This week we began reading The Fall of Arthur, but before we started our new book there were a number of diversions. The first was Laura’s disturbing revelation, illustrated by a newspaper cutting, of a fashion among footballers for tattoos using the Tengwar. Laura had tried to translate the text shown on the arm of one Aguero, but without success. Ian looked up the matter online and discovered that the tattoo purported to read ‘Kun Aguero’ (Kun being his nickname or childhood name). Ian then discovered that Fernando Torres also has his name tattooed on his arm in Tengwar. If they ever get lost in Lothlorien and can’t remember who they are some passing elf will be able to reassure them of their identity!
In response to Laura’s alert to the 50th anniversary of the city status of Southampton, and the fact that Tim had noted by email that this year is the 10th anniversary of the founding of the Southfarthing / Tolkien Reading Group, we discussed the possibility of doing something special to celebrate these anniversaries. After much debate it was proposed that we might at provide ourselves with a logo or livery to celebrate our 10 years, and as Ian confirmed that 2016 would be the centenary of Tolkien’s return from the trenches in WW1 we also decided to offer to host the Tolkien Society seminar in that year.
At last we got on to our new book, and both Tim and Laura commented on the number of speculative books about King Arthur and the battles he fought, based on absolutely no factual evidence. As Tim observed, enthusiasts suggest he might have been a former Romano-British dux bellorum skilled in Roman tactics – if he had been anything other than a figure of Welsh myth.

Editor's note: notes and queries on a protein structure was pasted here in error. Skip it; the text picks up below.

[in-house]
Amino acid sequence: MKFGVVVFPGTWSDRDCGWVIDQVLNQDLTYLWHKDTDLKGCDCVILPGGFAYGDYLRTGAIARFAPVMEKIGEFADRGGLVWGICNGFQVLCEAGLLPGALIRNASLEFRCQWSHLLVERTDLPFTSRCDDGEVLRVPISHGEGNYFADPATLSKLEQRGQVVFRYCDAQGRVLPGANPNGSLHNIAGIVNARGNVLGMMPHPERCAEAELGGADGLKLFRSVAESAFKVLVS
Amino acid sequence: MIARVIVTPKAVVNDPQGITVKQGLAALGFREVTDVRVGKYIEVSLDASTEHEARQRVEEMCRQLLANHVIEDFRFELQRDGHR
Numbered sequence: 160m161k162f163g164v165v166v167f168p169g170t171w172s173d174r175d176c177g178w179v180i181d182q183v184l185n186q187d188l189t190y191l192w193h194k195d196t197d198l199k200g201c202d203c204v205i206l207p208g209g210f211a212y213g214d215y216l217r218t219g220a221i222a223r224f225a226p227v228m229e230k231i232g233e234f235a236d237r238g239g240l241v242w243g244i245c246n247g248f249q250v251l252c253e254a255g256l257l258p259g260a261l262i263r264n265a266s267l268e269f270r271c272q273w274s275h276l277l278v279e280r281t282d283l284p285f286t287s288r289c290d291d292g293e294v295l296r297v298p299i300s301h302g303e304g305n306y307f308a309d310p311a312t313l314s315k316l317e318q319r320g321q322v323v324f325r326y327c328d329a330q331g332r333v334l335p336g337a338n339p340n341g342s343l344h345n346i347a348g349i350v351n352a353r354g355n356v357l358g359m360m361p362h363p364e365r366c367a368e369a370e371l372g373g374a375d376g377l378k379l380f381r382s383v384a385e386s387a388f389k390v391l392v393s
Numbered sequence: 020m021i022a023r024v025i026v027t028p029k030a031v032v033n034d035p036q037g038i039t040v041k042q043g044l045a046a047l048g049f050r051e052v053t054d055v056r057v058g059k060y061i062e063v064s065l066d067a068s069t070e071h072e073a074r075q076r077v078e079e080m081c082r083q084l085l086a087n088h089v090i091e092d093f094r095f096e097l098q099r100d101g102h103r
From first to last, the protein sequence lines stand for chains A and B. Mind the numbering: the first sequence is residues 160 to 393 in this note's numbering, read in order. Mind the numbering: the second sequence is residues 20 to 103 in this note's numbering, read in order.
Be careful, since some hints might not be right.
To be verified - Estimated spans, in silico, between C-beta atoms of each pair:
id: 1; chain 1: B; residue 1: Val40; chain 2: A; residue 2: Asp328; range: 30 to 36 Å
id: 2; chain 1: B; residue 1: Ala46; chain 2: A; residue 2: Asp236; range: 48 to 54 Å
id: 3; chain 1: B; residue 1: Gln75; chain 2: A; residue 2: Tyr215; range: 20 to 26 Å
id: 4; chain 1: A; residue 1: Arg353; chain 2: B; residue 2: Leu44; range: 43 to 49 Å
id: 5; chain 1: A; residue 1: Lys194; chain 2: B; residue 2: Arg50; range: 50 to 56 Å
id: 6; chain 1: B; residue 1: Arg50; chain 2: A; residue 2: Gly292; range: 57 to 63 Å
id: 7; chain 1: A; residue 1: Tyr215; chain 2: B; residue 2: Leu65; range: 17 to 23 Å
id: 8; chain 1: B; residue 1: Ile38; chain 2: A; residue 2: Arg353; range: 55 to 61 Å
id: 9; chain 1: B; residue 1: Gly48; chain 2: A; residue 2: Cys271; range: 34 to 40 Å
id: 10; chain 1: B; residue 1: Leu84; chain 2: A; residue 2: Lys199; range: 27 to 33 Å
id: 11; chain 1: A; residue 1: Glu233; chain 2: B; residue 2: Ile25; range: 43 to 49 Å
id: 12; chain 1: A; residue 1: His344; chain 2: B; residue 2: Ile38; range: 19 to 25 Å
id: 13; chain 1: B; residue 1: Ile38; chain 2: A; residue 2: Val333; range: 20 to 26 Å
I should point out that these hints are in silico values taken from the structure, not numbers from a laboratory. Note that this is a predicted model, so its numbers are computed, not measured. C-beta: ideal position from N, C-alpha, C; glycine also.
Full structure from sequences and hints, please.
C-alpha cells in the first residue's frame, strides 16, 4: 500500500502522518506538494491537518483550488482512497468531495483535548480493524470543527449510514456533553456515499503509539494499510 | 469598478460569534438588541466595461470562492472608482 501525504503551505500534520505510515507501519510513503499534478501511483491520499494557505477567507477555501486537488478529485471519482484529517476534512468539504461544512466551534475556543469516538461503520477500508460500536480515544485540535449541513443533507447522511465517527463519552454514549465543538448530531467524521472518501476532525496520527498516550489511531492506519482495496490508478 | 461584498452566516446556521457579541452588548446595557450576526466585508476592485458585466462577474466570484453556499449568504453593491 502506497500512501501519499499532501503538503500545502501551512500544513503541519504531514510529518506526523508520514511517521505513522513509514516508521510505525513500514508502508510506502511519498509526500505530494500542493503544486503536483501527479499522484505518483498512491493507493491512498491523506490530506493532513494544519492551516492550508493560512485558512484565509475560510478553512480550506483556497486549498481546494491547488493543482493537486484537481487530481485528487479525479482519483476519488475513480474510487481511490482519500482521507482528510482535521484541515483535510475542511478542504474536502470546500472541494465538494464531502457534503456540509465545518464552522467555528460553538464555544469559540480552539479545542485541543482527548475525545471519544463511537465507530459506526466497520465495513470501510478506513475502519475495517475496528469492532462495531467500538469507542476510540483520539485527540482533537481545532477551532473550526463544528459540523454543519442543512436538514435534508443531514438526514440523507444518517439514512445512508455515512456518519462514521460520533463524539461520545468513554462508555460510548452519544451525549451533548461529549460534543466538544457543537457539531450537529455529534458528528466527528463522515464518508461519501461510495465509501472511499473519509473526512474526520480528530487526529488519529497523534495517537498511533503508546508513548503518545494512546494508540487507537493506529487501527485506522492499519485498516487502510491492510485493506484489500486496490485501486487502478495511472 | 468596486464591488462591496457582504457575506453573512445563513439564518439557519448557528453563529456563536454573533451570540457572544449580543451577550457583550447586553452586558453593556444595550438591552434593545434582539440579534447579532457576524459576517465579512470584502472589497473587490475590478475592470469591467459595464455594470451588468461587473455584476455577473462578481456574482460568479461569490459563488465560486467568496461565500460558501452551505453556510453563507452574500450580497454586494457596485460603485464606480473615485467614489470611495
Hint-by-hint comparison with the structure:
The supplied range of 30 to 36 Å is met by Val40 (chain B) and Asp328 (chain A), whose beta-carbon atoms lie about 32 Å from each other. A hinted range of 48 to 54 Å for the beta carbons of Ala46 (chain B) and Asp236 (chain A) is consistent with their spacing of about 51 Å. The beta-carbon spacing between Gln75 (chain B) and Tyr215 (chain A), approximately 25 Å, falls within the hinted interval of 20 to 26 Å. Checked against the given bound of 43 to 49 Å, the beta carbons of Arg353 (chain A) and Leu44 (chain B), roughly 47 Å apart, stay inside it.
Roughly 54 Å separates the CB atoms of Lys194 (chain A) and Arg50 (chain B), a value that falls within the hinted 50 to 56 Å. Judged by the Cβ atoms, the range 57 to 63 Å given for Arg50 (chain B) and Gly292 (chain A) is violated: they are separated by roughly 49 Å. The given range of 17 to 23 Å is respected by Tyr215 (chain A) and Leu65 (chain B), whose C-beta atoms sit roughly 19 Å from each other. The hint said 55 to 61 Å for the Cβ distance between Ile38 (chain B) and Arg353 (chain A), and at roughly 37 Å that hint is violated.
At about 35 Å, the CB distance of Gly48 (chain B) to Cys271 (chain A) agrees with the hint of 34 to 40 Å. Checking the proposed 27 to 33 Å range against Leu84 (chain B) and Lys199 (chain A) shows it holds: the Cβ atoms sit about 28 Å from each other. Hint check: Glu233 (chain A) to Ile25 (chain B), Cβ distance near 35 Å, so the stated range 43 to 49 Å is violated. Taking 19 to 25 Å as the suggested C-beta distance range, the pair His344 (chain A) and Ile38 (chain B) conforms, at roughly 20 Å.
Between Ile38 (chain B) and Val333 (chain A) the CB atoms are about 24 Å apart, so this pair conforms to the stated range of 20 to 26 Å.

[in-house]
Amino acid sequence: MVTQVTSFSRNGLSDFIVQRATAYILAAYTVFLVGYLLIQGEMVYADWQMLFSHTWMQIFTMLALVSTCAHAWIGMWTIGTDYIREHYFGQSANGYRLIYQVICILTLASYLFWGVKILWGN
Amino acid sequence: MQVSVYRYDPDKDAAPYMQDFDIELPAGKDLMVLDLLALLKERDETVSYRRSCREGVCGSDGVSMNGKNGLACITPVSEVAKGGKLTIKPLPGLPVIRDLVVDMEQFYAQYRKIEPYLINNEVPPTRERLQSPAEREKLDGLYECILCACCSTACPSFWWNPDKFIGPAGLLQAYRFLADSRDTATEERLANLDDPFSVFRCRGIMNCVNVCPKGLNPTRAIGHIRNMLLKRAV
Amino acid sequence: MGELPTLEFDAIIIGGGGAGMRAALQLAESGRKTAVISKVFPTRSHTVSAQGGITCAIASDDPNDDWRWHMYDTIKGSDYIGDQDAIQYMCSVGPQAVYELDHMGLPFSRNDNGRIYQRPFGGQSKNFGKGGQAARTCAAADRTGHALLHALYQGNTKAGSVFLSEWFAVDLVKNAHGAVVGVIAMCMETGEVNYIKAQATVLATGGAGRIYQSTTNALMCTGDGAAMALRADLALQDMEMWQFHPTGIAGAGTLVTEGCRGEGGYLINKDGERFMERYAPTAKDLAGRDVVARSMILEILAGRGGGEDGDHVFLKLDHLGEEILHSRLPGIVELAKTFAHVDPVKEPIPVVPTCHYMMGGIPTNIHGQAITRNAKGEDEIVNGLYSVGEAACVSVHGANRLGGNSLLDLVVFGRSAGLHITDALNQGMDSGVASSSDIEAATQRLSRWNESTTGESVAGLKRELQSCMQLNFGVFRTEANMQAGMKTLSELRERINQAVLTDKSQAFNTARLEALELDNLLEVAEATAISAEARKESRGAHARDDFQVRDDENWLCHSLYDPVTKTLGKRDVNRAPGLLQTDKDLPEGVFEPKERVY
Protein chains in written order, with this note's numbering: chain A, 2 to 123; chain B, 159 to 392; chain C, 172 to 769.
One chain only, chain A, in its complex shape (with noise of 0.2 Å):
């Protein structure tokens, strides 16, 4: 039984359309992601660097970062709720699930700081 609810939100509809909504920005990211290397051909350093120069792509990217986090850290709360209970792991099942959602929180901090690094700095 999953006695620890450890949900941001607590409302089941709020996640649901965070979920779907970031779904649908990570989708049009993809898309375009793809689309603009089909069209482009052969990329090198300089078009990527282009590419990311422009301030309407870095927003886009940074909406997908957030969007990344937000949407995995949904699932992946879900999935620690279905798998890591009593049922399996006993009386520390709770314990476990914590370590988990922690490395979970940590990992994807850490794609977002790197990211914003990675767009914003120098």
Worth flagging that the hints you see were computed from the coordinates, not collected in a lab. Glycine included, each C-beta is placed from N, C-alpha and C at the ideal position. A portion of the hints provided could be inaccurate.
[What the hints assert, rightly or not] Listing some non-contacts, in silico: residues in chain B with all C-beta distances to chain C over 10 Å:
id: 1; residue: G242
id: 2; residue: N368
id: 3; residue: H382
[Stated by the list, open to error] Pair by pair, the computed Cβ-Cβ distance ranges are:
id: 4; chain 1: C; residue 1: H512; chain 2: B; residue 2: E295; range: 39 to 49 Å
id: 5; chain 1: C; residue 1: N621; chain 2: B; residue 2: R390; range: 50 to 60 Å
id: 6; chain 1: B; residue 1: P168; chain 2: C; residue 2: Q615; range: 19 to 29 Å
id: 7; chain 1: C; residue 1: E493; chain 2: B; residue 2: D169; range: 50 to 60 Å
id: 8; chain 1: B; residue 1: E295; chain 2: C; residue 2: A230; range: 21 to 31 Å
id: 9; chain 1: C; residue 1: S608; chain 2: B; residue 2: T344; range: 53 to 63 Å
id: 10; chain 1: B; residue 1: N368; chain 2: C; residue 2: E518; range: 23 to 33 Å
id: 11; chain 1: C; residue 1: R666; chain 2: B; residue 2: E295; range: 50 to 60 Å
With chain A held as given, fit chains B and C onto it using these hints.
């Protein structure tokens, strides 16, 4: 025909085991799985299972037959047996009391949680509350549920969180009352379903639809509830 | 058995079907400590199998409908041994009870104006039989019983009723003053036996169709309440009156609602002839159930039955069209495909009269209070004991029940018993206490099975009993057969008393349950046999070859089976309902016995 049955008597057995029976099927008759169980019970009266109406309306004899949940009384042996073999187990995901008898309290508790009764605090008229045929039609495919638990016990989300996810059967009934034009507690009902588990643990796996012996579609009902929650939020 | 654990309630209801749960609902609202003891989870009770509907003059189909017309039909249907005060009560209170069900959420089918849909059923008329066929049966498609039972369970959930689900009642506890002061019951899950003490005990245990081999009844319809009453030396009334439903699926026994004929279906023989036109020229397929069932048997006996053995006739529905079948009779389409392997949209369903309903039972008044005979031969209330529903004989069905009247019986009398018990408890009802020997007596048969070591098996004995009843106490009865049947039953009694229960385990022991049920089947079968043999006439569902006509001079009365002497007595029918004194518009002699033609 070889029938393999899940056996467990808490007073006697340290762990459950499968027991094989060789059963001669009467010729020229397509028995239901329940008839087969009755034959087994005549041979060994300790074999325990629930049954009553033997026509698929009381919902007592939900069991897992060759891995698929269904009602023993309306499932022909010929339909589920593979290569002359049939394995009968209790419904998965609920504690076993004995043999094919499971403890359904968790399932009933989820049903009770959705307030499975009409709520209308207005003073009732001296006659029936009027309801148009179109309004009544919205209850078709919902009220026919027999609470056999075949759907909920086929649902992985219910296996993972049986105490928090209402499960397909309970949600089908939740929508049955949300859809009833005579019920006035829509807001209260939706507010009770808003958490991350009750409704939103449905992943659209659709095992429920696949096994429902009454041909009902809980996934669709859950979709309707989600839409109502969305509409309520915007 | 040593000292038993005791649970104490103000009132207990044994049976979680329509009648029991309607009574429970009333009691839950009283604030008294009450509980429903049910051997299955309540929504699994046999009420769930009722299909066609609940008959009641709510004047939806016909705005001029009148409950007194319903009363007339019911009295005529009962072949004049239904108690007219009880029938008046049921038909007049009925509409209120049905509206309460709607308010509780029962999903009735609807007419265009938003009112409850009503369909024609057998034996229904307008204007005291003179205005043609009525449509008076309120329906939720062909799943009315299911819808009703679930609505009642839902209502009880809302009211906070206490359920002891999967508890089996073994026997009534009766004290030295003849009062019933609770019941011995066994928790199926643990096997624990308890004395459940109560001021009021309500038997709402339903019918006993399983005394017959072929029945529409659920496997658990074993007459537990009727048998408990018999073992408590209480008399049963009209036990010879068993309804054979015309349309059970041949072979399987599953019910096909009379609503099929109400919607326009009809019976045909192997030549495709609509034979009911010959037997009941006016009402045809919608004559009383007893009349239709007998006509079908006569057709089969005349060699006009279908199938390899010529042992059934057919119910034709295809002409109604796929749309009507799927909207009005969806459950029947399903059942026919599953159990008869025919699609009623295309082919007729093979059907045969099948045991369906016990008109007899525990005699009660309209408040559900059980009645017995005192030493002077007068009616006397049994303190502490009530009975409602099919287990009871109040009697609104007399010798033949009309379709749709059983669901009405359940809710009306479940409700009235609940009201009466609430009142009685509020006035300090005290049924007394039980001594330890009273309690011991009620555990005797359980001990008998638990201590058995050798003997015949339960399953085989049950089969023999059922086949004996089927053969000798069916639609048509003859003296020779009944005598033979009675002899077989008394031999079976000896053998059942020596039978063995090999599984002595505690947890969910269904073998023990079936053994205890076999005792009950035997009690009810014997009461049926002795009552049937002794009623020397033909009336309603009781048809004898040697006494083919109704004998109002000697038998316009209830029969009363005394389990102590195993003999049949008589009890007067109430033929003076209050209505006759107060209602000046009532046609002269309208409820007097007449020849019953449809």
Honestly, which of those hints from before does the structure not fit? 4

In a less controversial direction, Chris remarked that he liked the poem – an opinion generally supported. Laura commented that she felt the impulse to read the poem aloud because of its strong patterns of alliteration. Laura also noted Tolkien’s use of heroic similes, also known as epic or Homeric similes: long detailed similes of which Milton was the great exponent in English. They frequently begin ‘As when …’ and occur in The Iliad as well as in Paradise Lost.
Laura went on to note the absence of Percival from the knights named by Tolkien as members of the Round Table. Ian observed that Peredur in The Mabinogion is the forerunner of Percival, but agreed that he is not a ‘romantic’, ‘chivalric’ knight in the Welsh version.
Tim noted that in The Mabinogion Arthur and his court are Dark Age warriors. They also exist in more mythic contexts.
Angela turned our attention to a phenomenon noted previously in our reading of Sigurd and Gudrun, as Tolkien uses phrases and concepts we recognised in LotR. In this case canto I, line 138: ‘they heard a horn in the hills trembling’ – a distinct pre-echo, as is ‘Foes before them, flames behind them’.
Chris observed that some images were clearly so embedded in Tolkien’s mind that they keep recurring in his work. We discussed examples of such images and Angela proposed that Mordred’s lust for Guinevere gave the lie to the perception that there is no sex in Tolkien’s work. Laura added Grima’s lust for Eowyn, while Angela suggested Morgoth’s lust for Luthien. Chris noted that in canto III, 65-6, the ‘black shadow / o’er the courts of Arthur’ recalled Grima’s effect on Theoden.
Tim was quietly rereading canto I, l. 63-5, finding these lines very powerful ‘…folk fled them as the face of God, / till earth was empty, and no eyes saw them, / and no ears heard them in the endless hills.’